The most crucial formative years are the single-digit years of a child’s life.  With constantly evolving cultures, teaching styles and technologies, laying a solid learning foundation for children has become a challenging imperative.

Hundreds of books, researches and independent studies have been published on child learning, but few techniques and principles stand out in terms of being universal common denominators.

It Always Starts at Home

John Holt, dubbed the “Father of the Modern Home School Movement,” and the Australian Psychological Society both agree that effective learning starts with a nurturing home.  When all facets of children’s wellbeing are nurtured – mind, body and emotion – they show better cognitive development, advanced language assimilation and heightened academic readiness. Children who were read books by their parents in their pre-kindergarten years are more likely to be enthusiastic readers themselves. What they see, hear, and observe from infancy until their toddler years becomes cumulative learning that forms the framework of their skill and character development. In another study conducted byNew YorkUniversity’s Steinhardt School of Culture, Education and Human Development, children belonging to low-income households unable to provide healthy meals and optimal living conditions to them during their childhood, showed delayed language skills and poor cognitive recognition. These are strong indicators establishing the premise that the pillars of child learning are laid in ideal environments conducive for growth and development.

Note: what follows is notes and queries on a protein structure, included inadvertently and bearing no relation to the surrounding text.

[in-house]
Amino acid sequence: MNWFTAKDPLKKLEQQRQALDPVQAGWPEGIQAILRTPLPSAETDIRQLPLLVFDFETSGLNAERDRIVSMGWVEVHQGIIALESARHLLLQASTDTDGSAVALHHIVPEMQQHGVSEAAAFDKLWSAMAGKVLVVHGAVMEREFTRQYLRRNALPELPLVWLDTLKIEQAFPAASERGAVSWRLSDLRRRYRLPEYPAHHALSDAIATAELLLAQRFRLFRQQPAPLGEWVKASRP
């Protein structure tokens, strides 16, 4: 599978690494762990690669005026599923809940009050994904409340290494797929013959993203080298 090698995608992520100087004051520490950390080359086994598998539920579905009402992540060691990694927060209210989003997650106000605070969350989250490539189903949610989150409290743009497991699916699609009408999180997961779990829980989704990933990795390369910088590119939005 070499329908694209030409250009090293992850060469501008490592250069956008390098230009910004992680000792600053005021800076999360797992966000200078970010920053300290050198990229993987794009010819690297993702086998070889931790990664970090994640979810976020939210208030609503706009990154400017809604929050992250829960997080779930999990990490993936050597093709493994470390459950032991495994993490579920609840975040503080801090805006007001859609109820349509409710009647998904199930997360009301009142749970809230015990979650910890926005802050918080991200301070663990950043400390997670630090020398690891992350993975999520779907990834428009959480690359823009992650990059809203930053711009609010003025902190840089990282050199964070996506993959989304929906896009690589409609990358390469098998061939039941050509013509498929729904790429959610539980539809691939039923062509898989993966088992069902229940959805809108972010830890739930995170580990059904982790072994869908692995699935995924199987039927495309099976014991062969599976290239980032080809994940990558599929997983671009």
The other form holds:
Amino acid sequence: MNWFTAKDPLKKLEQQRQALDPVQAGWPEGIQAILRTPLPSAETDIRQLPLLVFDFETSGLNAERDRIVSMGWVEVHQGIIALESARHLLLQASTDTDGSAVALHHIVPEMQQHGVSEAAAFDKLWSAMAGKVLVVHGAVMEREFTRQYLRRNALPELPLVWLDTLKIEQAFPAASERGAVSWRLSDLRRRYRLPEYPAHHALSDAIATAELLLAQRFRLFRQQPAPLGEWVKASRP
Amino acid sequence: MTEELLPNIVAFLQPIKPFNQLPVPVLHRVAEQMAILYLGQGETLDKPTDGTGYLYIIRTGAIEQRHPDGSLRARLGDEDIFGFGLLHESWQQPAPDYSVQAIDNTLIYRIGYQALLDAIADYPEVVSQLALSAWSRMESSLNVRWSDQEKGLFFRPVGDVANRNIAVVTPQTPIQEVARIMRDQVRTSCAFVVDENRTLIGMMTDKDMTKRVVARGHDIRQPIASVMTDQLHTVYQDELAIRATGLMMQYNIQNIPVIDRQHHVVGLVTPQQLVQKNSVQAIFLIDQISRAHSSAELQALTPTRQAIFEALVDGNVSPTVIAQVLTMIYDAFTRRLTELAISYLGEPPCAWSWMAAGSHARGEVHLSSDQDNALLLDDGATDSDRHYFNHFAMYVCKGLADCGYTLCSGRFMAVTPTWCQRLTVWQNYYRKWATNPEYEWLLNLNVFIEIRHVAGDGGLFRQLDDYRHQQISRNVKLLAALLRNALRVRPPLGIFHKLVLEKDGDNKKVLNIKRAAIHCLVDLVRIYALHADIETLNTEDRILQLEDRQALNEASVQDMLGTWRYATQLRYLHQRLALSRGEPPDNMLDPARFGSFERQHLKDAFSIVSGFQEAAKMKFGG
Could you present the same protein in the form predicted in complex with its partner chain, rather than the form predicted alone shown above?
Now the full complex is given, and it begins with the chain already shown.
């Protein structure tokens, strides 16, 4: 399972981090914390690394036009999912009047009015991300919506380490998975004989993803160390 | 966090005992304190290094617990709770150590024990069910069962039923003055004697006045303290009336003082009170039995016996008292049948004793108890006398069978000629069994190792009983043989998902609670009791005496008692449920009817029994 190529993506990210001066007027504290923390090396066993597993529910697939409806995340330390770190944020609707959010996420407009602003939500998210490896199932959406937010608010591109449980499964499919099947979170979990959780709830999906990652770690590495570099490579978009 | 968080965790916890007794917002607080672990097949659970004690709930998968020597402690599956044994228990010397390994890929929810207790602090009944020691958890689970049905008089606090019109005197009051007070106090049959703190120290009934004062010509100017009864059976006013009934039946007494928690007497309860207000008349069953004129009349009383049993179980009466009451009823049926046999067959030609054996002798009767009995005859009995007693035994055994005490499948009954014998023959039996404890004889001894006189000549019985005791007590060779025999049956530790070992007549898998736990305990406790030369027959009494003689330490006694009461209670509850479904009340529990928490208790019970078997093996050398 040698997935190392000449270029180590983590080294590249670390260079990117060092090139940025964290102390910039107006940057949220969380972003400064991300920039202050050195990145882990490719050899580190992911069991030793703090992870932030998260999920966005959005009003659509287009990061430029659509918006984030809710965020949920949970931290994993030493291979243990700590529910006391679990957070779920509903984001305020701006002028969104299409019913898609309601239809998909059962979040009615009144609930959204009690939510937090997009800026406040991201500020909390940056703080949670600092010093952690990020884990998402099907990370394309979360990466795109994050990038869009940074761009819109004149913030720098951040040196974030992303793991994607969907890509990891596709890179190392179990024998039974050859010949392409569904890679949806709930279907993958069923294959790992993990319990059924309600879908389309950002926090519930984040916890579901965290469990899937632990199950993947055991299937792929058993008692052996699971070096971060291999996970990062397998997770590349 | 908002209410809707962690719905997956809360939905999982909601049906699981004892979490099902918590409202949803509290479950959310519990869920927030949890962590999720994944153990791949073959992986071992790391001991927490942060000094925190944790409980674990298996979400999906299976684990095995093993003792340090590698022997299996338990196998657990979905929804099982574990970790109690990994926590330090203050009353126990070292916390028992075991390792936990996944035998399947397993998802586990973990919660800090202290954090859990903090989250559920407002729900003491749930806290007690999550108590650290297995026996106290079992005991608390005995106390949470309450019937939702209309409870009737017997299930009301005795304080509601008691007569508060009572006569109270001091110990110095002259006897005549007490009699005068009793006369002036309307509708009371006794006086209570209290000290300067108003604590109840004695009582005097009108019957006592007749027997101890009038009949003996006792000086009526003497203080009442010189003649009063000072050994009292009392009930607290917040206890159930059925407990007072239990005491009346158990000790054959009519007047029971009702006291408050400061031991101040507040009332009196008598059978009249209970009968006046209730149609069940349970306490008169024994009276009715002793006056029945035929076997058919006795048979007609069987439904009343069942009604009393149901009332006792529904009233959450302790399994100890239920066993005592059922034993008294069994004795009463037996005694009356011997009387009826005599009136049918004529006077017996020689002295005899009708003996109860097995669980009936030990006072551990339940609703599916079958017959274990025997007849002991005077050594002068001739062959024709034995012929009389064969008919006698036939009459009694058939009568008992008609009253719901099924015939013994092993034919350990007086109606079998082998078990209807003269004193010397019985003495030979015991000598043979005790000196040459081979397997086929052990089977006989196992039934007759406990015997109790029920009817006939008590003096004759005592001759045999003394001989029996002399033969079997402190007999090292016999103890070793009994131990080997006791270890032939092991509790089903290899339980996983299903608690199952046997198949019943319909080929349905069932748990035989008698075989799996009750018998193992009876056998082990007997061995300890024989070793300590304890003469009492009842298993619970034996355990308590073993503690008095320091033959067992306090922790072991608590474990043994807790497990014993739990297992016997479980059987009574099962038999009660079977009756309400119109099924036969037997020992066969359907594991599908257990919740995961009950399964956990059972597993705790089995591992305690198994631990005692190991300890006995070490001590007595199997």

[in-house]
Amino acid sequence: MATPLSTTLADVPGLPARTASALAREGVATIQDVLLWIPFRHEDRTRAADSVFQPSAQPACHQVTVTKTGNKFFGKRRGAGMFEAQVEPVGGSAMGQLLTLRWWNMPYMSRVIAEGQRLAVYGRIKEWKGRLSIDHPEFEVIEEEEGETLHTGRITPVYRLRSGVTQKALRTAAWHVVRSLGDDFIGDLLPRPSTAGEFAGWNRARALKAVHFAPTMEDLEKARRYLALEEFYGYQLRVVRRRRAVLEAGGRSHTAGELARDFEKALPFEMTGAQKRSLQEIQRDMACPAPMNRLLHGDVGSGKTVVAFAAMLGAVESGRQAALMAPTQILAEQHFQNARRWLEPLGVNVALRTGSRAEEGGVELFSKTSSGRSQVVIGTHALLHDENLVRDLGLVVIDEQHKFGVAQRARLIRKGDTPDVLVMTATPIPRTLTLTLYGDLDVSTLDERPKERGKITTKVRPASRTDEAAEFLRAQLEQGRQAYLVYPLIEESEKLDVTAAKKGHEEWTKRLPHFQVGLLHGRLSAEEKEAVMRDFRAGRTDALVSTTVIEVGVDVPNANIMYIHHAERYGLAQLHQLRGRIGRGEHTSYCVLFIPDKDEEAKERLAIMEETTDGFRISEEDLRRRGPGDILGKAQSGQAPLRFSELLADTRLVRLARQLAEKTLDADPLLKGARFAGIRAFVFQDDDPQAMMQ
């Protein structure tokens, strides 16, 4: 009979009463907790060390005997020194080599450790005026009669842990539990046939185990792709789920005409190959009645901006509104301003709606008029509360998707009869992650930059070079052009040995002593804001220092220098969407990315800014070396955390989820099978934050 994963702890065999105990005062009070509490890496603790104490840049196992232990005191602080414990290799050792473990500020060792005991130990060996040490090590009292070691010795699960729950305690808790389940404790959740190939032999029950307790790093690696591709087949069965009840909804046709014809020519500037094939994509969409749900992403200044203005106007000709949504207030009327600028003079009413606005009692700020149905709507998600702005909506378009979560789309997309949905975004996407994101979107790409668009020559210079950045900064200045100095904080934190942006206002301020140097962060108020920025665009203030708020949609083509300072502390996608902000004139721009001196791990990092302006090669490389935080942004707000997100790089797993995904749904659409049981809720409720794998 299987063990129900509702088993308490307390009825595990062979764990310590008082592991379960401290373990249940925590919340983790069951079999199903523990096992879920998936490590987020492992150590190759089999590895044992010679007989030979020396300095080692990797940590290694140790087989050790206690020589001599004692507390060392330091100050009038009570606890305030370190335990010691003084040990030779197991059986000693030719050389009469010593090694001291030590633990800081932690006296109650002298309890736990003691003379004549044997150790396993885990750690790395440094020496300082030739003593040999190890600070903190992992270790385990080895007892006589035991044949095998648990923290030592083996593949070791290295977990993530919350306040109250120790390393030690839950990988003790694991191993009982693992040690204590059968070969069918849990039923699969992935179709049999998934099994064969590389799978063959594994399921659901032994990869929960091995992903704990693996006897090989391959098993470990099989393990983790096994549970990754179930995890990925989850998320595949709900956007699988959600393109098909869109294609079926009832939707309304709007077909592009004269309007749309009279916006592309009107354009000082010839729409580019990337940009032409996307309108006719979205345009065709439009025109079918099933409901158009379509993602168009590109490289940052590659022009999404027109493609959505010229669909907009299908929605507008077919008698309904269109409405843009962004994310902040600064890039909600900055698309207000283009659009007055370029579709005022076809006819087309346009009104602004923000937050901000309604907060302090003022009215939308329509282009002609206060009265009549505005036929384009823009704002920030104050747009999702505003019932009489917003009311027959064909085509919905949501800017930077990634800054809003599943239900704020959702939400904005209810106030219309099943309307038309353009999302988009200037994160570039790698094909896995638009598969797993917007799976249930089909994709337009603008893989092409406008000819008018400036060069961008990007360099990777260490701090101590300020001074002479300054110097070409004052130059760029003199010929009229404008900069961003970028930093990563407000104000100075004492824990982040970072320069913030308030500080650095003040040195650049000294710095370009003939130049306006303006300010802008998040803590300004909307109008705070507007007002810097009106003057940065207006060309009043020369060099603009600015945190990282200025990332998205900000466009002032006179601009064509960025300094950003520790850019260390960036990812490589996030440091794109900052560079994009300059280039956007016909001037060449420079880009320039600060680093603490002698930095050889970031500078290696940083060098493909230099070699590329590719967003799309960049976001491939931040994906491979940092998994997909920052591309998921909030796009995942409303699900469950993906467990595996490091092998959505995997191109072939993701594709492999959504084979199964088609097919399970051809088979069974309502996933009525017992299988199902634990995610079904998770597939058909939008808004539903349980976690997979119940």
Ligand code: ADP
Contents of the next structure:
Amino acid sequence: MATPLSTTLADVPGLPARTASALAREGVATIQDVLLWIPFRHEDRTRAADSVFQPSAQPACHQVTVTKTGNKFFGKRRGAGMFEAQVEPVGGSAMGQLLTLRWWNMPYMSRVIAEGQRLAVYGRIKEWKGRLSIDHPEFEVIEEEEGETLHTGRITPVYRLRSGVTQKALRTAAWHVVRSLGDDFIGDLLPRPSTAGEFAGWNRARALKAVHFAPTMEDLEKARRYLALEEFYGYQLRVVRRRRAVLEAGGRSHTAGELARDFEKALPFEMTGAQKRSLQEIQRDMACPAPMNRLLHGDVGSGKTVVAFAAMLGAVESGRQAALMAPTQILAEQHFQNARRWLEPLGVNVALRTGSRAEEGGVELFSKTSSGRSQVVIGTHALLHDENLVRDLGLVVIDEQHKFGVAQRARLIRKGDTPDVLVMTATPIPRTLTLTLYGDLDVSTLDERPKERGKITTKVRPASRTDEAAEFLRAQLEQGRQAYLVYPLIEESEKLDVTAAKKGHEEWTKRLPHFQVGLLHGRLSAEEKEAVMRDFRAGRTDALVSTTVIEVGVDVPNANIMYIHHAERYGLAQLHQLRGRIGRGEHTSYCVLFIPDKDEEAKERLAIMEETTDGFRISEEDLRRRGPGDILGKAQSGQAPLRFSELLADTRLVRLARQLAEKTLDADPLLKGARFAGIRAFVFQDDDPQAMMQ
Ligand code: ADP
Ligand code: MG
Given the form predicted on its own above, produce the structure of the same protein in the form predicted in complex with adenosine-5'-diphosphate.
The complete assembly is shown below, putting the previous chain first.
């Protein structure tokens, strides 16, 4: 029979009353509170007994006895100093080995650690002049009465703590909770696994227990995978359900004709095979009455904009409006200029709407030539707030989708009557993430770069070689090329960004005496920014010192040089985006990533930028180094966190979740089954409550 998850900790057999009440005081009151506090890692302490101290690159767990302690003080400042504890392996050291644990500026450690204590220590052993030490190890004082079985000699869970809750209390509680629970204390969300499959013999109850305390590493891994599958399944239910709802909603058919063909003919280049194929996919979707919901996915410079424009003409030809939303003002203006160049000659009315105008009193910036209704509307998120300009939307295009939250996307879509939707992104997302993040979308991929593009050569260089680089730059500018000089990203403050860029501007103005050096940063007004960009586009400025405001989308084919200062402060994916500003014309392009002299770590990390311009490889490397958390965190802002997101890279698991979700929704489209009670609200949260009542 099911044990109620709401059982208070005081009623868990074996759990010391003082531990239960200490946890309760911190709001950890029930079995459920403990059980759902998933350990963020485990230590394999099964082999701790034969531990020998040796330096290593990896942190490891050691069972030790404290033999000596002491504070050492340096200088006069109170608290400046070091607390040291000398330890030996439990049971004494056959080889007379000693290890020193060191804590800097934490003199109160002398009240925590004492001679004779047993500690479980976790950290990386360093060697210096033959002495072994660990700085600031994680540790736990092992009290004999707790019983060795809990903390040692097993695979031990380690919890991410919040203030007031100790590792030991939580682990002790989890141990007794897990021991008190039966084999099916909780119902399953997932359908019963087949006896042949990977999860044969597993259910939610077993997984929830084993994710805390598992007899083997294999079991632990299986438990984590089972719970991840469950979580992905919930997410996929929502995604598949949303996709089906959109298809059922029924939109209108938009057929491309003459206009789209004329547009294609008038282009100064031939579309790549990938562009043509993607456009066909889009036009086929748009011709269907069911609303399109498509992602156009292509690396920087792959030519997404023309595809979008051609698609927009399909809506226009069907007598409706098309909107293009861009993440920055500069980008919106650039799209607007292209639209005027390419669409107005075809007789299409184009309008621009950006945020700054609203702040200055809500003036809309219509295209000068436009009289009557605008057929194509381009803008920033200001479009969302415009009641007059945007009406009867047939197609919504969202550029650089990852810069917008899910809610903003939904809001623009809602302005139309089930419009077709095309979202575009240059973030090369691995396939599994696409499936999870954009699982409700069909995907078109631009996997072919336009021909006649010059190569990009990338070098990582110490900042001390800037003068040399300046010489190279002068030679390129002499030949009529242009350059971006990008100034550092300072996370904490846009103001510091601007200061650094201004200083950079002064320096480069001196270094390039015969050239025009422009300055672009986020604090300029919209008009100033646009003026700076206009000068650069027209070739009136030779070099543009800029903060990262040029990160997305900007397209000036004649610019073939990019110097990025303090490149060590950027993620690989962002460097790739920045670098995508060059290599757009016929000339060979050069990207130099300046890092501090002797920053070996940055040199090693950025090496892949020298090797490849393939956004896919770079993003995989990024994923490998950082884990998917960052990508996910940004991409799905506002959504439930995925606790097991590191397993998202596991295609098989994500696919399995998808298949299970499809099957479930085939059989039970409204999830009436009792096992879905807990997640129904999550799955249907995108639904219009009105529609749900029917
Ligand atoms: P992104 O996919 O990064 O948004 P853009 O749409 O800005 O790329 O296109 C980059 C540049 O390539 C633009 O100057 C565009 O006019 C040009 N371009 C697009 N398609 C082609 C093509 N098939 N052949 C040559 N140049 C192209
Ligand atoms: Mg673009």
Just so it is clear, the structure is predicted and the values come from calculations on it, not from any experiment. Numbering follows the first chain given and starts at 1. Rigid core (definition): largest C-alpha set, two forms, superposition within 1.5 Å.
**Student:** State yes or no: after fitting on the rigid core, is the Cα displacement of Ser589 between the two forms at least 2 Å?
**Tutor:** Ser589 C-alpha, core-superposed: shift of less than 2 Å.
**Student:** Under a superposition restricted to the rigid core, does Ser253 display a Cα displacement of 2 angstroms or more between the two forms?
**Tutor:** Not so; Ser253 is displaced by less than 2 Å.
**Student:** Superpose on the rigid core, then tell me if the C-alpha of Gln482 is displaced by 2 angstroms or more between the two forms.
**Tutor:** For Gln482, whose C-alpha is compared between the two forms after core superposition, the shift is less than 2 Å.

Getting Them Engaged, and Making It Last

In a publication written by Stella Vosniadou for UNESCO, she mentions factors such as involvement, interaction, and social collaboration as key elements that make learning effective and fun. Students in pre-school and in the early elementary years tend to do better in their tasks when they know that it will be shared with others. They also learn new skills by working in groups and observing how others mold clay, draw a flower, or create an origami in a different way than their own. Incorporating the “Authentic Context” also worked well in making them exert more effort into trying something new. This is the context in which children are taught how they can use or apply what they have learned in real-life situations or even during playtime hours. Creative school educators should know how to integrate “practical” application into daily activities, while giving the children that seemingly elusive perception of “fun.” These are the perfect vehicles through which to integrate the concepts of learning that go beyond logical and linguistic skills. A dancing origami puppet show, a colorful dessert-making contest, or a simple kite-making activity will be very effective towards conveying concepts on topics such as the animal kingdom, the sensory organs, or even polygons. As soon as they are able to understand classroom-concepts from a child’s point of view, retention and interest come naturally.

Raising the Bar

As learning theory continues to evolve, new factors will be shown to affect a child’s learning curve. From socio-economic backgrounds and varied pedagogical frameworks, down to core family values, practices and norms – all of these suffer constant change. After building the charter for a child’s effective learning, parents and educators should raise the bar a notch higher by rearing motivated learners who will carry forward with them a culture of excellence and ethics as they develop into educated individuals.

About the Author

PhD in European Languages and Cultures (specialising in Literary Translation) Department of International Studies Macquarie University